Black water running from taps in a country in the midst of a major humanitarian crisis and political upheaval is another major blow to every day citizens where food, medical supplies, and practically all other basic needs are scarce. Thirteen thousand doctors have left Venezuela in the past four years, jobs are scarce, and the country has one of the world’s highest crime rates. More than three million Venezuelan’s have left the country since 2015.Many have fled to nearby Columbia and many to the United States.

President Nicolas Maduro blames the US backed opposition leader Juan Guadio for launching cyber attacks on the country’s power and water systems, while Guadio blames Maduro, who has been the country’s leader since 2013, of neglecting its infrastructure. The US Secretary of State, Mike Pompeo, cites Maduro’s socialism which he says has resulted in years and years of neglect to Venezuela’s energy system, saying, in a speech on March 11  that “socialism is a recipe for economic ruin.”

Meanwhile residents of San Diego are unable to bath or find clean water, and citizens all over Venezuela have had to resort to searching local drains and sewers for water to drink.

Many in the US are turning to Twitter for Venezuelan citizen news on the conditions in their country.

While the black water streaming from taps is a new development, people have been unable to get the needs met in hospitals for months. Sarita Cancion couldn’t help pointing out yesterday’s American concerns over the Instagram outage while people have been dying in hospitals during the most recent energy blackout.

Twitter

Is U.S.-backed Guaidó sabotaging Venezuela and the Maduro government, or has Maduro neglected the country and its people?

Many suffering in Venezuela are optimistic about Guaidó and what he could bring as the leader of the country. Some are concerned that Guaidó is only being supported by the Trump administration because of US interests in the countries vast oil reserves. Guaidó has vowed to open the reserves after Chavez and Maduro have kept them nationalized.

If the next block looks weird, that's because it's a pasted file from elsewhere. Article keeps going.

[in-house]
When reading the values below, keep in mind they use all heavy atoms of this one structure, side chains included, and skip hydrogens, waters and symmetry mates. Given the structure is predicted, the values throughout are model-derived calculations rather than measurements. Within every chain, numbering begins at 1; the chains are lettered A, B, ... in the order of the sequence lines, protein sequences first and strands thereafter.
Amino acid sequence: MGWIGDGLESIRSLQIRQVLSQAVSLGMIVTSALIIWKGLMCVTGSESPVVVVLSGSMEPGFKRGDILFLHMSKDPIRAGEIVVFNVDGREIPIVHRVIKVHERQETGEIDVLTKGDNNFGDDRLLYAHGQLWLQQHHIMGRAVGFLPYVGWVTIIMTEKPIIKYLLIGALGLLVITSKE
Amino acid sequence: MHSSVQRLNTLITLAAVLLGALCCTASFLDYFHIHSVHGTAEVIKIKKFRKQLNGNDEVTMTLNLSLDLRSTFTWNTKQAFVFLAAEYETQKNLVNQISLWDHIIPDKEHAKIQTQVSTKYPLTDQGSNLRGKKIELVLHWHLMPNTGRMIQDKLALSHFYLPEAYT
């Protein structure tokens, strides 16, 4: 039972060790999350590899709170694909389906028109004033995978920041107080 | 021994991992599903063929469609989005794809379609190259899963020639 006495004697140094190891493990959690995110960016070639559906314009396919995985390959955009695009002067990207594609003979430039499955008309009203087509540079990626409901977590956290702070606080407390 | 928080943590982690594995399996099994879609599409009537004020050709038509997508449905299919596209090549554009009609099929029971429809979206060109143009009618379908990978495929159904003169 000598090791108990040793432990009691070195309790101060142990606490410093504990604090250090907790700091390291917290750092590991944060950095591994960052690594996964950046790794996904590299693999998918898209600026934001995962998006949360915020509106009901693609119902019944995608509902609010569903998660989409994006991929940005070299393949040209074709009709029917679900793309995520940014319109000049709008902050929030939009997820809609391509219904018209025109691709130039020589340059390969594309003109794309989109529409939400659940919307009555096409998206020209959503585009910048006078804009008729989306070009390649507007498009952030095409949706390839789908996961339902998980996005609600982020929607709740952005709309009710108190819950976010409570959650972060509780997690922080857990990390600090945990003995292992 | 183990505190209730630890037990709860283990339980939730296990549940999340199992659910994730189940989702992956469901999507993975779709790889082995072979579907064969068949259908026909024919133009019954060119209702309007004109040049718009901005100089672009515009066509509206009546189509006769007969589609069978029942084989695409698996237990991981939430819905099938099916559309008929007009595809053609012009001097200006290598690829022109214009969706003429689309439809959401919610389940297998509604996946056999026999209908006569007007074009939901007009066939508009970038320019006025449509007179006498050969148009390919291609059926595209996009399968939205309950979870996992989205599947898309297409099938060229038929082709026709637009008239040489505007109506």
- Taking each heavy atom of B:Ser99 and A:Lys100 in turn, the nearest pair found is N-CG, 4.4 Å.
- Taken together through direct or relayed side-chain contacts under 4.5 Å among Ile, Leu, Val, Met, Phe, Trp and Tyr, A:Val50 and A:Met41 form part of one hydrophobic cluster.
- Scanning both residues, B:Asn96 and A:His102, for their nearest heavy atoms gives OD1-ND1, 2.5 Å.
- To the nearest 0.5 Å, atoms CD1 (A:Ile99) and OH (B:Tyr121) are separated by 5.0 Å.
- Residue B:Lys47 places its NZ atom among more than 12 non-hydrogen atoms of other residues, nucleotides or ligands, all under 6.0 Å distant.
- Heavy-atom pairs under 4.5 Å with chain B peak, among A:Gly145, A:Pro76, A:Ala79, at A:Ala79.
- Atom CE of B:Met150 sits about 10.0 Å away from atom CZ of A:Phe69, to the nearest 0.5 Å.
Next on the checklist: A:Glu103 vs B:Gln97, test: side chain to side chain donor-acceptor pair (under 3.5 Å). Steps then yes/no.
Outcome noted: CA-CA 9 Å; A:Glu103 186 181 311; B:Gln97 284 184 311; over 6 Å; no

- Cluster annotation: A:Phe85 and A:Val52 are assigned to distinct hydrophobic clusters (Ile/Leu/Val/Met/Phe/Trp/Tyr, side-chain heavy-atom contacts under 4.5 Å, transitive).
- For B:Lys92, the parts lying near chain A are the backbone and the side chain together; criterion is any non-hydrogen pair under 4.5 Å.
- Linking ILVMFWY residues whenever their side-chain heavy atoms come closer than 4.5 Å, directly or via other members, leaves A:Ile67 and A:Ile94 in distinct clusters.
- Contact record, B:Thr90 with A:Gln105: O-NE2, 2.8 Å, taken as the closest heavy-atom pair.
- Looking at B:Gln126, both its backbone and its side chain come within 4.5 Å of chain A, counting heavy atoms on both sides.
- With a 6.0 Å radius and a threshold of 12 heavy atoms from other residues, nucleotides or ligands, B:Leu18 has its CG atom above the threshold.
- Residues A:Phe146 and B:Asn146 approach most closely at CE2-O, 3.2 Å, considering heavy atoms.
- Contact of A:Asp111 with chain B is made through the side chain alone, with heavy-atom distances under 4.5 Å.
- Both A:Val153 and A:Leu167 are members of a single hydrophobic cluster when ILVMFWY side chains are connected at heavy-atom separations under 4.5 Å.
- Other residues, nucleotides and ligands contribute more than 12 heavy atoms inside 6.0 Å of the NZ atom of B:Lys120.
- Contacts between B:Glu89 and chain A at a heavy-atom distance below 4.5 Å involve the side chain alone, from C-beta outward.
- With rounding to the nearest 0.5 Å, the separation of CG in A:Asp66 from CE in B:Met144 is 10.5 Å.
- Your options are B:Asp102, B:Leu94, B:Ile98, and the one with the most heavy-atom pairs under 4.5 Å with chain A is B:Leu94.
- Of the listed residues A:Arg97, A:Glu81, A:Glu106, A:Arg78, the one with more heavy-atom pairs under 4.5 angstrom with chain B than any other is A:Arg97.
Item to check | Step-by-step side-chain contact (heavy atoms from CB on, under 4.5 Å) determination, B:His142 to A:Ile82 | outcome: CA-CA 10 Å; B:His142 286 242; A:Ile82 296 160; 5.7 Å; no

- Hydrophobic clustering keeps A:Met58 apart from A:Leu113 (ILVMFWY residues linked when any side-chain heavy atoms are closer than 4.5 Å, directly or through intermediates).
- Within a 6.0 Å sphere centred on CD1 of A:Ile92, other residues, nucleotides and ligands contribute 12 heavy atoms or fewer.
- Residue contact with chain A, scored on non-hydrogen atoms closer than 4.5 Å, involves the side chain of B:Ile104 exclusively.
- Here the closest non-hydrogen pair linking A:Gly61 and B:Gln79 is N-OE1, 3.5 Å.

Twitter

Carlos Lasek, who recorded a video of black water coming from a tap in San Diego, Venezuela, blames Chavismo, or Chavez-style governance adopted by Maduro, for the situation there.

Twitter

“You ask for water, they give you bullets.”

Widespread protests have been reported in Venezuelan cities and reports of Venezuelan police forces attempting to block protesters. The man in this video accuses armed Maduro supporters and the National Bolivarian Police of trying to stop protesters for exercising their constitutional rights, saying “While we have not power; we have no water; we don’t have the basic public services of any normal country in this world, and we are here raising our voices to ask them to stop, to demand them to stop, to give us minimal conditions. And here they are armed to the teeth with weapons and with a anti-riot gear and everything that they shouldn’t answer the people with. Let everyone in this world know, that you ask them for water, they give you bullets.”

Some on Twitter are not trying to get involved in the politics. Some are just trying to send help.

Twitter